Court of Appeal Reflection

 

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RMIT JD and VU law students with Court of Appeal Associates and other members of the legal profession
By David Gilbert, RMIT JD student

From the moment we entered the Supreme Court of Appeal, it was clear that the judges and staff saw our attendance as an opportunity to invest in the future direction of the legal profession. The internship was extremely well organised and structured providing a comprehensive insight into the machinations of the Supreme Court of Appeal and the Trials Division. A significant amount of time was afforded to us by judges and staff. Their commitment to ensuring that the internship was a rewarding experience was inspirational in the sense that it demonstrated the caring and mentoring culture of the legal profession.

Exposure to the diverse range of hearings that took place over the four days was invaluable. Two of the three hearings were criminal matters and the other was civil. The manner in which the appeals were argued by both parties was of particular interest, especially how the barristers interacted with the three judges at the bench. It was clear that the Supreme Court of Appeal judges were well prepared to hear the matters coming before them, to the point where it appeared they were alert to the strategies barristers were likely to deploy in their submissions. This was reassuring and demonstrated the integrity of the judicial process.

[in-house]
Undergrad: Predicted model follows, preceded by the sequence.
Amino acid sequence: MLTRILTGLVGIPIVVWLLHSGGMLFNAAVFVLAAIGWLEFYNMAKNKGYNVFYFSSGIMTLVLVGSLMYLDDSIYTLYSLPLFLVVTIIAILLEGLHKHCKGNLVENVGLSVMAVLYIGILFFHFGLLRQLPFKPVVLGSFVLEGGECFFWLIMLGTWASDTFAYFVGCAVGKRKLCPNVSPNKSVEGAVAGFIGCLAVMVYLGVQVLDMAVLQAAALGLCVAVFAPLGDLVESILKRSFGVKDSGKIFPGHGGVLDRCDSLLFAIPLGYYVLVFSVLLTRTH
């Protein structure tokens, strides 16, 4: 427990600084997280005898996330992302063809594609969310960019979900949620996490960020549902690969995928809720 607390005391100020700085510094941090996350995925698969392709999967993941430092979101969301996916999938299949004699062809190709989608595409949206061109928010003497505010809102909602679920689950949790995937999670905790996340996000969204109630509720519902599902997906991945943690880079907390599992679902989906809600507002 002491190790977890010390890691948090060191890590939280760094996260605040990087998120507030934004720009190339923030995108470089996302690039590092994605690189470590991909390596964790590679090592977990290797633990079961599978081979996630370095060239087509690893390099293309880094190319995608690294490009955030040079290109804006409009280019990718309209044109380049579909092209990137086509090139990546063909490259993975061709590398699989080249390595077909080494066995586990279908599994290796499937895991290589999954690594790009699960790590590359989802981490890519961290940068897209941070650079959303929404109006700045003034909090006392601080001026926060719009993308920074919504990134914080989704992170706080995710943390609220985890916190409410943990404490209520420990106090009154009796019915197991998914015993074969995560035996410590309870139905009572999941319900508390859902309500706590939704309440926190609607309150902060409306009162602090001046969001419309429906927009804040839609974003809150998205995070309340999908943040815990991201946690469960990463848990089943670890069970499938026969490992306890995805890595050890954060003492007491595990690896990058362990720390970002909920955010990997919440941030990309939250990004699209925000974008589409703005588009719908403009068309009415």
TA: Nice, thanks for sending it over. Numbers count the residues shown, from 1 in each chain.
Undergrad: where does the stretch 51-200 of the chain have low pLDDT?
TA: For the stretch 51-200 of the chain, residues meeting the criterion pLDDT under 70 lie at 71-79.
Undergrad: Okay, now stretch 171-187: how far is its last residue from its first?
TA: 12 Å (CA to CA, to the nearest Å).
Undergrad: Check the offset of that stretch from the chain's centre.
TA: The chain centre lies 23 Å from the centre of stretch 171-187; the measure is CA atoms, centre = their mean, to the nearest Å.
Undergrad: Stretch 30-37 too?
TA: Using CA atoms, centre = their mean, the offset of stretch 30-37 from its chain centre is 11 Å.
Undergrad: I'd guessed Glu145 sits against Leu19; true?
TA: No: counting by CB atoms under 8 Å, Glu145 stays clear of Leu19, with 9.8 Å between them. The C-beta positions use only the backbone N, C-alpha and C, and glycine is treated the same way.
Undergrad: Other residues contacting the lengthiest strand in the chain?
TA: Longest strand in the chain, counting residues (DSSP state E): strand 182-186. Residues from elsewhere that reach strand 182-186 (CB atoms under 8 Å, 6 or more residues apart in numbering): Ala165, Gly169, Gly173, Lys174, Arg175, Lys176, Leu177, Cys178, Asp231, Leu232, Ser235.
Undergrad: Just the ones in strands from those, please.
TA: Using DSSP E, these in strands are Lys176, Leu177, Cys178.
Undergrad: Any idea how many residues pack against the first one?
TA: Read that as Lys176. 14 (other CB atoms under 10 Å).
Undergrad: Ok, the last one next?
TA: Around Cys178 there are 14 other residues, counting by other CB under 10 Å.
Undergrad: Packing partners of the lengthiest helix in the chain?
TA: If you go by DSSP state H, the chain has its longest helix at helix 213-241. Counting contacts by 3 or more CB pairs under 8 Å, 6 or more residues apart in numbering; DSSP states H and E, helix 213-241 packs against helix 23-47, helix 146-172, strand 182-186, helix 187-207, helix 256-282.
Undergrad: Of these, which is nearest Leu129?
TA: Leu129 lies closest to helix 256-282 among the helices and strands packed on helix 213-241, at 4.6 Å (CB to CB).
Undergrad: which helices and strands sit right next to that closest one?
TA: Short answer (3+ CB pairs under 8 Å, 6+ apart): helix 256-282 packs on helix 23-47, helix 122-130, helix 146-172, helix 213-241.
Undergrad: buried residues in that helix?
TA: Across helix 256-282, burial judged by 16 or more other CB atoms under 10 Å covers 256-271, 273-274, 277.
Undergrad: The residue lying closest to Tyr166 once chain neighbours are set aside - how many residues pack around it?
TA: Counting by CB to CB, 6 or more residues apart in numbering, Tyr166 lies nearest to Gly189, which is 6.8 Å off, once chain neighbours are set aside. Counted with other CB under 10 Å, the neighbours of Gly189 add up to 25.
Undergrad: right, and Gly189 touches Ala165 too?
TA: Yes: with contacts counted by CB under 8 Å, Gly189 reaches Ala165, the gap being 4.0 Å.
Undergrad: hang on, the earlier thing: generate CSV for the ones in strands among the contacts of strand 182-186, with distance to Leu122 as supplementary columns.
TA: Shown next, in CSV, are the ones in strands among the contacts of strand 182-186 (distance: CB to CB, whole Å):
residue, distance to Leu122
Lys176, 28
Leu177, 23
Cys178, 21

The most valuable lesson from this student’s perspective was that it is pointless trying to sell a dodgy car to a Supreme Court judge. The barristers in each matter put their best arguments forward dutifully representing their clients. The clarity of logical thought coming from the bench was strikingly apparent, leaving little scope for barristers to make headway by means of flamboyant advocacy skills supported by questionable legal principles or the cherry picking of facts.